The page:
Colour is one of the quickest ways that we can recognise a business, so when it comes to selecting a colour scheme for your app, you’ll want to choose one that represents your business and will remain in the minds of your potential customers even when they don’t have your app open,
Now, the great thing about AppInstitute’s app builder is that it will automatically select colour schemes for your based on your existing branding and website to ensure a fluid transition across all branding. However, if you don’t have a current website or are perhaps launching a new business from scratch and the development of an app forms part of your plans, you’ll need to think carefully about how colour represents you and what you have to offer.
Colour and business branding
Colour is one of the most effective methods of communication, with us instantly being able to recognise big brands based on the colour we see without even thinking about it. Colour can convey a message much faster than words ever can, for instance when you see red you associate with danger whilst blue can have a calming, relaxing influence. As a business owner, you’ll need to tap into this psychology of colour when choosing the palette for your branding.
The fast food industry is a great example of how colour can influence, but may also need to be adaptable and changed should views change. A market once dominated by reds and yellows, think McDonalds and KFC, which people associate with speed and efficiency, as we expect from a fast food outlet, has seen a slight shift in recent years.
McDonald’s epitomise this change more than many others as whilst they have kept the iconic and instantly recognisable yellow ‘M’, much of their branding now is a combination of green and other natural colours to try and promote/create the illusion that their food is a more healthy option compared to the rest of the market.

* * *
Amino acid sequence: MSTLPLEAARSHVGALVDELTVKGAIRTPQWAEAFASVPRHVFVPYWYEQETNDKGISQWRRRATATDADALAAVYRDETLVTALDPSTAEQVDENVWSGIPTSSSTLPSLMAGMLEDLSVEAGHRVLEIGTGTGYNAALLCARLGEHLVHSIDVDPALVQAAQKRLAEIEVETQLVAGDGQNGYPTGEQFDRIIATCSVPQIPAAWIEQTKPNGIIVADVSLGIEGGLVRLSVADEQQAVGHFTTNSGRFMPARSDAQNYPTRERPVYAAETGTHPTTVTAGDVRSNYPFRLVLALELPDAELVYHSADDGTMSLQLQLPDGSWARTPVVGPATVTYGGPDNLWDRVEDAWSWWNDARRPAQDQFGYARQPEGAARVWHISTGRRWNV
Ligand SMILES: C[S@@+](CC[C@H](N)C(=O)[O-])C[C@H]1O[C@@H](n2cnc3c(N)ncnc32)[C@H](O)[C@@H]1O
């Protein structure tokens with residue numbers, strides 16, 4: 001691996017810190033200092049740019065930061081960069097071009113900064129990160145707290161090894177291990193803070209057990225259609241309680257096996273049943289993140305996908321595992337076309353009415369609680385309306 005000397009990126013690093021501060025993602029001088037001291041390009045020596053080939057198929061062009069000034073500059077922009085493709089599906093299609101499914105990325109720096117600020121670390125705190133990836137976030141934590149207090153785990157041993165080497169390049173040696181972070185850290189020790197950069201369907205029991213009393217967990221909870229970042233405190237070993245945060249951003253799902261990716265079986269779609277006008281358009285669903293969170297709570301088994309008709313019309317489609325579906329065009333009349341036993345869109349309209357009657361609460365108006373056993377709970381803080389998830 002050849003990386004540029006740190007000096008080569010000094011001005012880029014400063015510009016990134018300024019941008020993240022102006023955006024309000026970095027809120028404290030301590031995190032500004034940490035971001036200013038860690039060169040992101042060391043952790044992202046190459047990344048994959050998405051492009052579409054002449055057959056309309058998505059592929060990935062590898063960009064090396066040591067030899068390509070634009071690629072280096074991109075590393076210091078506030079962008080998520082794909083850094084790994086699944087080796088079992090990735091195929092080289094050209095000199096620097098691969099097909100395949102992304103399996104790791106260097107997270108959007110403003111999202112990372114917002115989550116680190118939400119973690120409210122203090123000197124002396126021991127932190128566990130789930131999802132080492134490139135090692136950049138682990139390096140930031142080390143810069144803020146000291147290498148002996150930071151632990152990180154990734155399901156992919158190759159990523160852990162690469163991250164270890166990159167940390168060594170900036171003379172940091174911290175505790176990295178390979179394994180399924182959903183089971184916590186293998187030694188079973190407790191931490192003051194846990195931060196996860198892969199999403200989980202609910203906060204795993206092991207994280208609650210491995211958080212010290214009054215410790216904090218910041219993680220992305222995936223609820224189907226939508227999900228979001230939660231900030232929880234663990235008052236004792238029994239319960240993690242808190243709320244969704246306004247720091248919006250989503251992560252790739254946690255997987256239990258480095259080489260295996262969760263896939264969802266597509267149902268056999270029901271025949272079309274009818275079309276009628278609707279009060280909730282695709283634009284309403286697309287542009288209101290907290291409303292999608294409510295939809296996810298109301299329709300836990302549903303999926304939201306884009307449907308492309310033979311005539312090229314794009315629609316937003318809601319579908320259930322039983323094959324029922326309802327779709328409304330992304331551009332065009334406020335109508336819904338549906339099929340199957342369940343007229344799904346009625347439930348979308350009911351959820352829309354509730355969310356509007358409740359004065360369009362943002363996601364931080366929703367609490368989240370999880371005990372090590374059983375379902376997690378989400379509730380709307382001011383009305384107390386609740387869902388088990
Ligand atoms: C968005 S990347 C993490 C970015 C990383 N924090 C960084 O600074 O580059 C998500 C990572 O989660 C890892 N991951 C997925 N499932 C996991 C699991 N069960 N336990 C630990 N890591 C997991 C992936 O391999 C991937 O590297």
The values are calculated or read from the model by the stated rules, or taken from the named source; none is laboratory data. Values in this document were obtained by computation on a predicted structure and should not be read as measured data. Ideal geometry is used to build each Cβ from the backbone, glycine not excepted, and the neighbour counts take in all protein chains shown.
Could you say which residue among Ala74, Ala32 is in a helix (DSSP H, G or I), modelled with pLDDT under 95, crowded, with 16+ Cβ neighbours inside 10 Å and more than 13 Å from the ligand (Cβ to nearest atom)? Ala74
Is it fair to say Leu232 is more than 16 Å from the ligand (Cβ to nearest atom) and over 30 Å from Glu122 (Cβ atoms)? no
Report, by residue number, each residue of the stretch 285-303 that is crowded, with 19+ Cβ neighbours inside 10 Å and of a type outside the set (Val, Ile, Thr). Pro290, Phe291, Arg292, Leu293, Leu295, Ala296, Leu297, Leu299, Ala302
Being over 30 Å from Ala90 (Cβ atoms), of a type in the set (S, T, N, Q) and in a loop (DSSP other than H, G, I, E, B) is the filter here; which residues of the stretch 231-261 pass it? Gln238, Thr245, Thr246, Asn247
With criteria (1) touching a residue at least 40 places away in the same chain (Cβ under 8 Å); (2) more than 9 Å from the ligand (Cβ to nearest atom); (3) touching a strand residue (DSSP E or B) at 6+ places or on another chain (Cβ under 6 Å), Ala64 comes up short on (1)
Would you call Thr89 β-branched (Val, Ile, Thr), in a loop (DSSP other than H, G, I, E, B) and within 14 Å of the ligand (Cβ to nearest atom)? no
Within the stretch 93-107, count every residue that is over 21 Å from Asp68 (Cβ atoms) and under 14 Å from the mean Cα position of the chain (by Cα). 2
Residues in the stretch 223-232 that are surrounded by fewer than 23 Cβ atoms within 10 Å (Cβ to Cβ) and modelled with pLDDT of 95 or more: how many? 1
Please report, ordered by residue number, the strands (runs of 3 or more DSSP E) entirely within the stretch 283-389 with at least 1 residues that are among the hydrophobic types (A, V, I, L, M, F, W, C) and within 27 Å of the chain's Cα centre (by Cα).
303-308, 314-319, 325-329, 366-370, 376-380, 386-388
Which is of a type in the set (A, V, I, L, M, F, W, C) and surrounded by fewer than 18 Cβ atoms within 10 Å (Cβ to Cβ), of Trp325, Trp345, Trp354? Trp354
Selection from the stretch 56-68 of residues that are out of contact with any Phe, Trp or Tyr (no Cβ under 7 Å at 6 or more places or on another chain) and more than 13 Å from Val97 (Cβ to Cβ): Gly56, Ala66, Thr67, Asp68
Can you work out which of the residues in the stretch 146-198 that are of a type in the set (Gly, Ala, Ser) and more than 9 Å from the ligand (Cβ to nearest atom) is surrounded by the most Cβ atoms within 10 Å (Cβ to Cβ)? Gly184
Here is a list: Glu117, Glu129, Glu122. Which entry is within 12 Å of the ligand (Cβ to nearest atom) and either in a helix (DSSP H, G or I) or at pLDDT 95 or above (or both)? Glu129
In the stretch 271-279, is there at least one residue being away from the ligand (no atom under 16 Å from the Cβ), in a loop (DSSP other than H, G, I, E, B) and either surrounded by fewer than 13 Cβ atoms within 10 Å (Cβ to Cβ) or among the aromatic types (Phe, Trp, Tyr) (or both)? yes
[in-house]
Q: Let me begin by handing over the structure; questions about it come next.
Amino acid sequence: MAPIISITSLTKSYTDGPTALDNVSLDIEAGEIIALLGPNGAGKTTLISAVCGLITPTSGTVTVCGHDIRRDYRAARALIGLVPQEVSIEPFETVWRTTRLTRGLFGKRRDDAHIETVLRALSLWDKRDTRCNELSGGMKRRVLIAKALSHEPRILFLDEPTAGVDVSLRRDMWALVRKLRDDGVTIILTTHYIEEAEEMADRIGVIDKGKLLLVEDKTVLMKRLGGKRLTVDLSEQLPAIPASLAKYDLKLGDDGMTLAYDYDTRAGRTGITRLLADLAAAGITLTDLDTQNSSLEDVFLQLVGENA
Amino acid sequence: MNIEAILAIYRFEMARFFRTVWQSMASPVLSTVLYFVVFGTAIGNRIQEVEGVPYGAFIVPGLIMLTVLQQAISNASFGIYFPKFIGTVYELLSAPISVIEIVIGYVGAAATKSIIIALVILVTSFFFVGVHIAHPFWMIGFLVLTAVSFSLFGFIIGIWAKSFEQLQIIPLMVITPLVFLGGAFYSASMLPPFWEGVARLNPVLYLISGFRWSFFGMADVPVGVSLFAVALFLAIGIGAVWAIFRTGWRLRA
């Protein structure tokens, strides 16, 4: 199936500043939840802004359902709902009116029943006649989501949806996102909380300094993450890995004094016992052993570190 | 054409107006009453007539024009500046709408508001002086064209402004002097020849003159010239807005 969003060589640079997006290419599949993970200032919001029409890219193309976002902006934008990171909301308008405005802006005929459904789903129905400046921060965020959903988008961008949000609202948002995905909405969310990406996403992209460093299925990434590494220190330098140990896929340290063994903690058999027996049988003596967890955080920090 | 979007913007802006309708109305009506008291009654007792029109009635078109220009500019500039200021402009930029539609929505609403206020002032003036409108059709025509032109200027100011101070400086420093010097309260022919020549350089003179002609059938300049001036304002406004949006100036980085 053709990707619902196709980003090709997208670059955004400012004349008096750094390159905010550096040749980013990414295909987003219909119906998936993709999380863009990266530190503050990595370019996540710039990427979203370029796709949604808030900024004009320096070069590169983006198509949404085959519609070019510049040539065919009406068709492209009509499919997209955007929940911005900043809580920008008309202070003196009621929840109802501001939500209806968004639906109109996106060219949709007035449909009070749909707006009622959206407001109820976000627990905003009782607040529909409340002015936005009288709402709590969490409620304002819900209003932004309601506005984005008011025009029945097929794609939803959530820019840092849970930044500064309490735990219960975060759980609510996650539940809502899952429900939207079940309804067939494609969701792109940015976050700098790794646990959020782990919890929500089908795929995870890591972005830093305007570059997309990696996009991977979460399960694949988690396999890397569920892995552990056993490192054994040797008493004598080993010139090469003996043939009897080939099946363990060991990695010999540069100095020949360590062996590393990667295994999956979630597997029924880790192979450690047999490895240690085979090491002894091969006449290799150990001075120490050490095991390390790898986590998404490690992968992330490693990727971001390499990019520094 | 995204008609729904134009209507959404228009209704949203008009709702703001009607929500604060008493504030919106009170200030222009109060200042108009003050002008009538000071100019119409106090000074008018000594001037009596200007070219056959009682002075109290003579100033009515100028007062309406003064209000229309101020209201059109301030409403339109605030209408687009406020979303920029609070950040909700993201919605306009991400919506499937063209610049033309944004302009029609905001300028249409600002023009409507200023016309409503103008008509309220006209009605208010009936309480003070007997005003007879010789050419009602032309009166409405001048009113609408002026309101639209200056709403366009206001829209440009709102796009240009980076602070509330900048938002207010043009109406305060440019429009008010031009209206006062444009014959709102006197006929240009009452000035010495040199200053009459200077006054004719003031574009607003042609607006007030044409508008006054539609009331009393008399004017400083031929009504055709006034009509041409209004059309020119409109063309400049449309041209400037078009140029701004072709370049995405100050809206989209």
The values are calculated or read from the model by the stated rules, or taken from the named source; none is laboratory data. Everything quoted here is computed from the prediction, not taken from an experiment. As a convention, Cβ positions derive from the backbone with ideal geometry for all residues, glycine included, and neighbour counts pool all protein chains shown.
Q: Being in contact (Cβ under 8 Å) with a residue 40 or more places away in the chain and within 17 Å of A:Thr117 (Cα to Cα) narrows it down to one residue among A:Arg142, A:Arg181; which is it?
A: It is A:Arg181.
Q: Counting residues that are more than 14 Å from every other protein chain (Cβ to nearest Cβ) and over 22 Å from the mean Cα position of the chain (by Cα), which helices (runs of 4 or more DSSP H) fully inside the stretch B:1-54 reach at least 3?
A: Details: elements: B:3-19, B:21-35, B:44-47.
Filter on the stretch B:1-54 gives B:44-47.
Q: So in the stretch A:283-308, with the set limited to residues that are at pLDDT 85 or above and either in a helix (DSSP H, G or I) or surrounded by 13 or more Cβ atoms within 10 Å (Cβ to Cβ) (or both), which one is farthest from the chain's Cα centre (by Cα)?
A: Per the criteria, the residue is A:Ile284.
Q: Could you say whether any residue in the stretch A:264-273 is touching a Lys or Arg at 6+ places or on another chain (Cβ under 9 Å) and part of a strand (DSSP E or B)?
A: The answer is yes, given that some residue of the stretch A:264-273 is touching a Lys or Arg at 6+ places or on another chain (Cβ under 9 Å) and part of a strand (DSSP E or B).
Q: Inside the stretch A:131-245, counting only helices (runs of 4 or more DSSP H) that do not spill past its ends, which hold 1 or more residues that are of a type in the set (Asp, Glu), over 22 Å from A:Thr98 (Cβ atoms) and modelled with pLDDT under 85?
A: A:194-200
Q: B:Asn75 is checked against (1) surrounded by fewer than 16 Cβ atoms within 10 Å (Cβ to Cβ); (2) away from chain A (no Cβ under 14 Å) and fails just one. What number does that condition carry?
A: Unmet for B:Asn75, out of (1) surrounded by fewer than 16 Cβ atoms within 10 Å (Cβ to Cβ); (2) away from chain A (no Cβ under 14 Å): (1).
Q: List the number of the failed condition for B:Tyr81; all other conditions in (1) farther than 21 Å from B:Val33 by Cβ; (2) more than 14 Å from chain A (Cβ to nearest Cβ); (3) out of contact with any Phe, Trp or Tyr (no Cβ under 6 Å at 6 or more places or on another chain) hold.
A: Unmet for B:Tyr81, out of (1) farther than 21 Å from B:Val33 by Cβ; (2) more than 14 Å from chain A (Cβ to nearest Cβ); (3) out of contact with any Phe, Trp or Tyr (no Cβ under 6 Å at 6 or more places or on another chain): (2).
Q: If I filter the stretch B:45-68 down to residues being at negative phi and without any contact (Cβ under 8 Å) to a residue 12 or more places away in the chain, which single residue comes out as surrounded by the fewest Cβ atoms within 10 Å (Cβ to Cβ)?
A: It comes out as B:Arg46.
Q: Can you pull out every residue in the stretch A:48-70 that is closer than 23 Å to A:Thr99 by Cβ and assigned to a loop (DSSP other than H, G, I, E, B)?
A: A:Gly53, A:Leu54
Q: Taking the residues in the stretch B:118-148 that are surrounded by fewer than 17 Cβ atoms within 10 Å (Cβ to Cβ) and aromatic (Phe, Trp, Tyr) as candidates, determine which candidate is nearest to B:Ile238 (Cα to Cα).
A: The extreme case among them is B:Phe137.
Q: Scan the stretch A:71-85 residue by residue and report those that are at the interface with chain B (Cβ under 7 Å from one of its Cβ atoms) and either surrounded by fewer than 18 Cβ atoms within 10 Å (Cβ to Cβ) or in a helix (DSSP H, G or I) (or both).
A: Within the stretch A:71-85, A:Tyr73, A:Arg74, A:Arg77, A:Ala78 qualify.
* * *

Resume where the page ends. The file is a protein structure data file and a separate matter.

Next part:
Green is a great colour choice if you want people to associate your brand with nature, health and well being, so it’s certainly no coincidence that McDonalds went in this direction with the overall demand for healthier eating and improved lifestyle. They want their customers to subconsciously think it’s still okay to eat their food as it’s healthy and ethically sourced by working away at the emotional responses we all have to colour.
Colours and what they represent
So as we’ve already touched on, colours can represent different things and lead us to have different emotional responses. Here’s a quick rundown of what a range of different colours can relate to:
- Blue: Trust, calmness, integrity and stability. A colour which represents tranquillity and cleverness.
- Red: Speed, efficiency, passion and power. A very emotionally intense colour that can raise the heart rate whilst being highly visible.
- Green: Harmony, balance, safety and growth. As the colour of nature, green is a restful colour suggesting endurance and positivity.
- Yellow: Cheerful, warming, intelligent and energetic. The colour of the sun, yellow is attractive and can associate a brand with joy and happiness.
- Purple: Luxury, wealth, power and dignity. A colour associated with royalty, purple is popular with high end, corporate businesses as it combines the calmness of blue and the energy of red.